Romantic Self-Fashioning: John Thelwall and the Science of Elocution

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JOHN THELWALL CAME TO PUBLIC PROMINENCE IN THE 1790S AS AN ORATOR and political theorist at the center of the British reform movement. His writings on political philosophy and the public lectures he gave as a member of the London Corresponding Society have contributed greatly to our understanding of how the languages of romantic aesthetics and radical politics intersected and of how the cult of sensibility was appropriated and redeployed in the formation of a proletarian public sphere. This phase of Thelwall's career has been discussed elsewhere and is now seen as central to the history of radical political and literary culture in Britain.(1) By the end of the eighteenth century, however, Thelwall was confronted with a climate of official harassment and hindered by legislation that effectively outlawed radical association as treasonous. Disillusioned, he moved away from political life, publishing, in 1801, a collection of poems accompanied by a prefatory memoir that announced his renunciation of radicalism. In 1797 he also spent time with Coleridge and Wordsworth at Nether Stowey, and certainly this brush with what was to become the core of British romanticism is evident in his renunciation of political life and his brief embrace of the pastoral.(2) But Thelwall's move away from politics was by no means the end of his involvement in public life, although, with the exception of a brief renewal of interest in radicalism that ended with the failure of his journal The Champion, his career as an activist was effectively over. While Thelwall's writing from the 1790s is now attracting critical interest, his writings subsequent to 1800 have attracted almost no interest at all, partly because they don't sustain our view of Thelwall as the romantic orator victimized by an oppressive state apparatus. Thelwall's career after 1800 is no less interesting, and no less culturally symptomatic, for that. By 1803 he was again before the public, not as a politician, but as a self-styled teacher of elocution, traveling through Britain delivering lectures on the physiological aspects of pronunciation, on speech impediments, on the anatomy of the vocal organs and on the art of oration. By 1810 he had established an institution in London that claimed to treat speech impediments as well as teach oratory skills, composition and polite literature as part of a scheme to prepare students for what he called "the more liberal departments of active life."(3) His A Letter to Henry Cline, published the same year, is thought to be the first book concerned solely with speech impediments to be published in English,(4) and an important early text in the development of the field we now know as speech pathology.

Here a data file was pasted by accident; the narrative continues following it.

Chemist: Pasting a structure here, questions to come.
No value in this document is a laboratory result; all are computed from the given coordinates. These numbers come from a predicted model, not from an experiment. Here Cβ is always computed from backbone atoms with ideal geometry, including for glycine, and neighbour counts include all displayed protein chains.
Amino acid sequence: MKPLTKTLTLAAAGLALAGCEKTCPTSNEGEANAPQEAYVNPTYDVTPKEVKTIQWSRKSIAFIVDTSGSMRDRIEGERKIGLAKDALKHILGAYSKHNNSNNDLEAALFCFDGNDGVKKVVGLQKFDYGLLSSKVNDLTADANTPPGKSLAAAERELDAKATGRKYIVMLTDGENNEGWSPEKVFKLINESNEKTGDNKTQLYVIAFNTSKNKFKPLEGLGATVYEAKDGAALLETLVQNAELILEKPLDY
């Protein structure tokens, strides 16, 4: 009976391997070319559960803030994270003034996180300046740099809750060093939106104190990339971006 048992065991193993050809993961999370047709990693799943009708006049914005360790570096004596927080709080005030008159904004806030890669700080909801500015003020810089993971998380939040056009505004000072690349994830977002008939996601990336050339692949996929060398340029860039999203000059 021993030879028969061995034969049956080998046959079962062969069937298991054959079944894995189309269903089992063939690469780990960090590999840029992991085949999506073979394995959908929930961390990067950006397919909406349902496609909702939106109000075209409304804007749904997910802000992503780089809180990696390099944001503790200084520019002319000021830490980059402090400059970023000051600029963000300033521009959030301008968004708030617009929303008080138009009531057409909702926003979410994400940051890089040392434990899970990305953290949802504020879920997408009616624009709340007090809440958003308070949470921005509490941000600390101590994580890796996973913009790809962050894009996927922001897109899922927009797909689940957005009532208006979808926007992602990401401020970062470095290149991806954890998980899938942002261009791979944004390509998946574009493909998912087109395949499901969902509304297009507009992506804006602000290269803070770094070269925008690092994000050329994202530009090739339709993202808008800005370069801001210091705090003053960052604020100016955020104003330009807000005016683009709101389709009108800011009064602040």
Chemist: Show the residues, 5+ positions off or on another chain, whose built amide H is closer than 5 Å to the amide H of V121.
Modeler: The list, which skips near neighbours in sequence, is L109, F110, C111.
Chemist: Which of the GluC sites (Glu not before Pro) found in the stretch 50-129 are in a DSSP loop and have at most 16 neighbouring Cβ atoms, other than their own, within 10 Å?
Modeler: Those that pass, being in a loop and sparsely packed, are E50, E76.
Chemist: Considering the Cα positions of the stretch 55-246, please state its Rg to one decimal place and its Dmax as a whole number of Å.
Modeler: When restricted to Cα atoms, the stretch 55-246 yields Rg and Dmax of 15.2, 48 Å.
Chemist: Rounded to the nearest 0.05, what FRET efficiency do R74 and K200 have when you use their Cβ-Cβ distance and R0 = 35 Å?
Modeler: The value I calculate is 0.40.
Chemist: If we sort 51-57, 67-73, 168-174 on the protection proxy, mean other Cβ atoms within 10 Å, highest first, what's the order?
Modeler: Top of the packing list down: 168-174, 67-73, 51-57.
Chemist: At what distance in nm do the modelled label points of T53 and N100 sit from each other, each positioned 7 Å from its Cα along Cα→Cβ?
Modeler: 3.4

Elocution was a burgeoning field in late-eighteenth and early-nineteenth-century Britain. As Lynda Mugglestone has pointed out it was very directly related to the codification of class difference in styles of speech, such that "talking proper" became a sign of distinction with much broader social and political implications than it had previously had.(5) Crucial to this production of accent and enunciation as modes of social distinction was what Friedrich Kittler calls the "oralization" of the alphabet in European languages; that is, a new-found interest in the phonetic qualities of speech as a central component of language instruction and liberal education more generally.(6) For Kittler, this shift is integral to an understanding of German romanticism as a "discourse network," a system of discursive production and reception encompassing a range of material practices from the reading and writing of poetry to basic language instruction. This discourse, Kittler argues, thrives on a denial of its own discursivity: it is underwritten by the fantasy of a natural language, a primal orality or inner voice, that locates the origins of speech, and by extension, of the subject, not in material processes or discursive relations, but in a feminized version of nature. …